GeorgeCroegaertTheReader1888 Welcome! Work in Nineteenth-Century Studies (WINCS) at the University of Toronto provides
a forum for interdisciplinary investigations into all aspects of nineteenth-century literature and culture. Housed within the Department of English, WINCS is open to faculty and graduate students in the Departments of English, History, Art, Law, Religion, and related centres and programs at the University
of Toronto. WINCS regularly invites visiting scholars and UofT faculty to present their ongoing
research in an informal setting.

Papers discussed at meetings are circulated in advance to Listserve subscribers, unless otherwise noted.
If you are not on the list but would like to attend, please see this website's "Join / Contact" page.

UPCOMING WINCS EVENTS:

Academic Year 2013-2014

Wednesday, March 26, 2014, 4:15 pm, Jackman Humanities Bldg. (JHB), Room 616
"'Made no less for music and song than for the madness of kissing': Oscar Wilde, Student Journalism, and Oxford Politics, 1892-95."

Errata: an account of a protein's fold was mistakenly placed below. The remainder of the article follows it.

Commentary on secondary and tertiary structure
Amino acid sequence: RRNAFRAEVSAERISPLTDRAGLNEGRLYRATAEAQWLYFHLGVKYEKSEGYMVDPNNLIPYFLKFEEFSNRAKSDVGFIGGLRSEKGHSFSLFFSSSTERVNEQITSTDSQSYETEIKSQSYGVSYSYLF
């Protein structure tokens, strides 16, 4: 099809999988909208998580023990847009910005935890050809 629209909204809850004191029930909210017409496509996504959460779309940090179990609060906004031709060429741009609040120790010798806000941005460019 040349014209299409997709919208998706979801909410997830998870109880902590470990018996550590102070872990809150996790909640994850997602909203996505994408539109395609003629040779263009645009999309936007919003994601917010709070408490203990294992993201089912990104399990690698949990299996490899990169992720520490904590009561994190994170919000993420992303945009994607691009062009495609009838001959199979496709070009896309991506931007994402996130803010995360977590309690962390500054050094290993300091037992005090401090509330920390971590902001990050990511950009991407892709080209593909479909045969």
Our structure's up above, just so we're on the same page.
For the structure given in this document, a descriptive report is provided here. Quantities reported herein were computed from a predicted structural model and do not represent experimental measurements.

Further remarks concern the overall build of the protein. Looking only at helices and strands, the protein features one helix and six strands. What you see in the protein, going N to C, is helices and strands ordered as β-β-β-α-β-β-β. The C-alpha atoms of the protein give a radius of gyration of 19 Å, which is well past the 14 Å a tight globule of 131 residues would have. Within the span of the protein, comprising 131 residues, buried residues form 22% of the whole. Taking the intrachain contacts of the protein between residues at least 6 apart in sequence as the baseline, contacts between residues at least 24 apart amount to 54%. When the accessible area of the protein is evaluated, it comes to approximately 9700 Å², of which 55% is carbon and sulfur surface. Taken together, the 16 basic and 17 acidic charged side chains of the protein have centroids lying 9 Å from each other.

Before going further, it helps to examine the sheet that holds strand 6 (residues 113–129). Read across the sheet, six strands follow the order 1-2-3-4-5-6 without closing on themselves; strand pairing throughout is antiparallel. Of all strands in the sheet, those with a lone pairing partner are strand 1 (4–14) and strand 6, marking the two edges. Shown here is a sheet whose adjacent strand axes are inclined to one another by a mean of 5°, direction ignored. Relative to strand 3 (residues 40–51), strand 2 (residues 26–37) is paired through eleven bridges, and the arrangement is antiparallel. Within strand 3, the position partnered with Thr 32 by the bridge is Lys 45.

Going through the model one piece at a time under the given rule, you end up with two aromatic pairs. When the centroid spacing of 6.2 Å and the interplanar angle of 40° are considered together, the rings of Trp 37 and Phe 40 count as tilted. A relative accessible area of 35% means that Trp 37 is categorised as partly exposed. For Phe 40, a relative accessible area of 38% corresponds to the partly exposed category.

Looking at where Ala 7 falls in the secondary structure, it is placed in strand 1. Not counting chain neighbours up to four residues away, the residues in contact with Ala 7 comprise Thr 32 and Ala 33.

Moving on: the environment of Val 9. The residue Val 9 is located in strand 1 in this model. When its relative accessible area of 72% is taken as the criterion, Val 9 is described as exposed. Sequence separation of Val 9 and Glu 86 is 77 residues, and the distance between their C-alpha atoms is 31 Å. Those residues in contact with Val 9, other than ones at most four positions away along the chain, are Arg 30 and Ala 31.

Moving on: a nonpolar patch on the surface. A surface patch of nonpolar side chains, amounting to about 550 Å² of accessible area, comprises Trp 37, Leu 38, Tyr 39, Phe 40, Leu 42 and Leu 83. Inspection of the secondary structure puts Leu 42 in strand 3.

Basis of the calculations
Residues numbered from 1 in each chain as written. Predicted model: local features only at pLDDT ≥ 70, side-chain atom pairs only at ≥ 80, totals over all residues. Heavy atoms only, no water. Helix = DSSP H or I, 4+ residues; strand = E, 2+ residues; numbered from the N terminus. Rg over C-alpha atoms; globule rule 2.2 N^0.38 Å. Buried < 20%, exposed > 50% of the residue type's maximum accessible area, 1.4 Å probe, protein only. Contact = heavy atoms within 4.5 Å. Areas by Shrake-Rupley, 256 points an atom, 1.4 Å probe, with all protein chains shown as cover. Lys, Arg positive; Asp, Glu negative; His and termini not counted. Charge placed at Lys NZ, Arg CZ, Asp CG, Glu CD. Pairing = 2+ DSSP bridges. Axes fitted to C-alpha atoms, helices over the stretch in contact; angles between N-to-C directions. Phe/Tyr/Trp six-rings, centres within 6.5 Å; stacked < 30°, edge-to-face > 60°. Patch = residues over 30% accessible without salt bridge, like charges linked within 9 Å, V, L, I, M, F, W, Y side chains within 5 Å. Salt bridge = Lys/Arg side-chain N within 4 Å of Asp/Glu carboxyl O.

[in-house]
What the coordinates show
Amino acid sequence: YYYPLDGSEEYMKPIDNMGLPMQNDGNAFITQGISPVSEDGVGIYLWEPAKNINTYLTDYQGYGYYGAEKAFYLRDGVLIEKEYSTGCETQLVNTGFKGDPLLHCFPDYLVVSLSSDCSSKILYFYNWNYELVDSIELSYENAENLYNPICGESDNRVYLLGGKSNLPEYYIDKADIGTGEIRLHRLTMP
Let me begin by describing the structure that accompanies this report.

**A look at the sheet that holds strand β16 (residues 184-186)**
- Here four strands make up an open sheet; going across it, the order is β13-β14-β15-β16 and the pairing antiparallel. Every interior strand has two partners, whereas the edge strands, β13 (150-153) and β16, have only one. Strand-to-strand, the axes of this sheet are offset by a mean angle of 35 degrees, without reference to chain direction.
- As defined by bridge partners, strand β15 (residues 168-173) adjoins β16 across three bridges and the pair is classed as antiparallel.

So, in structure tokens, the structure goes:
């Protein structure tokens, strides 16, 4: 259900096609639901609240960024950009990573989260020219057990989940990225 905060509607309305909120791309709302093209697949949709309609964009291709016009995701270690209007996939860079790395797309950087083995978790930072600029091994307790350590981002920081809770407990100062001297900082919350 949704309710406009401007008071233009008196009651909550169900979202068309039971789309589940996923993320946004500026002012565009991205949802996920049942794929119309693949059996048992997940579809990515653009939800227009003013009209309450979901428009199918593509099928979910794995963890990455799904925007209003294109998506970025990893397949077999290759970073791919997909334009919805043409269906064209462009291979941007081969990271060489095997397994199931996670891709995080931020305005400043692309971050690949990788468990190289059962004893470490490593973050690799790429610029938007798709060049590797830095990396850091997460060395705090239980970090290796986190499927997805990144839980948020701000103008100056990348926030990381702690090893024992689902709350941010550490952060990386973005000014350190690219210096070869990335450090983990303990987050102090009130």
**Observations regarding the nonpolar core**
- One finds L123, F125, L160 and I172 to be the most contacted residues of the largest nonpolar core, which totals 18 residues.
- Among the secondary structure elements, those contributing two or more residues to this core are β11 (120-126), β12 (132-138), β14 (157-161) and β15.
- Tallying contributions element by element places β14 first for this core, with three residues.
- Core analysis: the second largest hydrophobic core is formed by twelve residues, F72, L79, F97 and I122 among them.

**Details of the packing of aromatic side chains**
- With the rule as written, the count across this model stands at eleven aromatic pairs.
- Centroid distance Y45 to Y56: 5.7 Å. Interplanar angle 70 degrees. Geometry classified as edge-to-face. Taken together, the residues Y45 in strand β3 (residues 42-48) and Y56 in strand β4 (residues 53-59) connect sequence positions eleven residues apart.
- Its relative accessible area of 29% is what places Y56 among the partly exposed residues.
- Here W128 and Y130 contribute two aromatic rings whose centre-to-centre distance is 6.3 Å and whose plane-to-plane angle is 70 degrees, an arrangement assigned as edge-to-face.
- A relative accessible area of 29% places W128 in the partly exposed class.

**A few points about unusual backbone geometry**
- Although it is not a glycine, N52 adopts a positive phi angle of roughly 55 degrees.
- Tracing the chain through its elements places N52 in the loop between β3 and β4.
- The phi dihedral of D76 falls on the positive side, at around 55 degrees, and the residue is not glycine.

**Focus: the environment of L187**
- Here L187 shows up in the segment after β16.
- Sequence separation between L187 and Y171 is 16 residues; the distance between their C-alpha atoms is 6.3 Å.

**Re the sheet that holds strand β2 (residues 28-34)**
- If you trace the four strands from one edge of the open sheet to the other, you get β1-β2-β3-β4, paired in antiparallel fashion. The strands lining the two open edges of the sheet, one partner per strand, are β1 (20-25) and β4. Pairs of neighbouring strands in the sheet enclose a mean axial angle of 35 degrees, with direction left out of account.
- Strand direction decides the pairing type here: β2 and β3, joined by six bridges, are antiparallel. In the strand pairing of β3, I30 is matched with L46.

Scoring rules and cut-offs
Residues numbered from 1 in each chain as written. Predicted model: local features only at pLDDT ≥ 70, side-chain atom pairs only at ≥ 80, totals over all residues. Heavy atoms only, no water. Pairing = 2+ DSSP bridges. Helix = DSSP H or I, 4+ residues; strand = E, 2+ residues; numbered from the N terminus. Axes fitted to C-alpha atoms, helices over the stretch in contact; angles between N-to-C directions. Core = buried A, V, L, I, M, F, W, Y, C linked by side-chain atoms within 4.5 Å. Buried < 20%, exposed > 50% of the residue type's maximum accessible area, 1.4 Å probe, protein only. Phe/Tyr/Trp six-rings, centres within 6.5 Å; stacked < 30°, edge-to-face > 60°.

Lecture by JOSEPH BRISTOW, Professor in the Department of English at UCLA. This event is co-sponsored by the Department of English, the Faculty of Law, the Faculty of Information, and the Bonham Centre for Sexual Diversity Studies.

Abstract: In 1892-93 Oscar Wilde's recurrent presence at Oxford, which resulted from his intimacy with Magdalen College undergraduate Alfred Douglas, generated considerable debate in the university's student press. The controversy intensified when the recently established Isis came into conflict with The Spirit Lamp: a newly founded literary periodical that, under Douglas' editorship, moved in an increasingly homoerotic direction. Once Douglas departed from Oxford without a degree, it was left to John Francis Bloxam to extend this editorial initiative with The Chameleon. As the Wilde trials show, these developments at Oxford had significant bearing on Wilde's prosecution for committing acts of "gross indecency" in May 1895.

Biography: Joseph Bristow is professor of English at the University of California, Los Angeles. His most recent publications include an edited collection, Wilde Discoveries: Traditions, Histories, Archives (University of Toronto Press, 2013) and (with Rebecca N. Mitchell) Oscar Wilde's Chatterton: Literary History, Romanticism, and the Art of Forgery (Yale University Press, 2014). He has essays forthcoming on Rupert Brooke (ELH), on the anonymous queer 1890s novel Teleny (The Porn Archives, ed. Tim Dean [Duke University Press, 2014]), and on the Oscar Wilde trials (Feminist Theory). At present, he is developing "The Wilde Trials: A Reconstruction, 3 April-25 May 1895."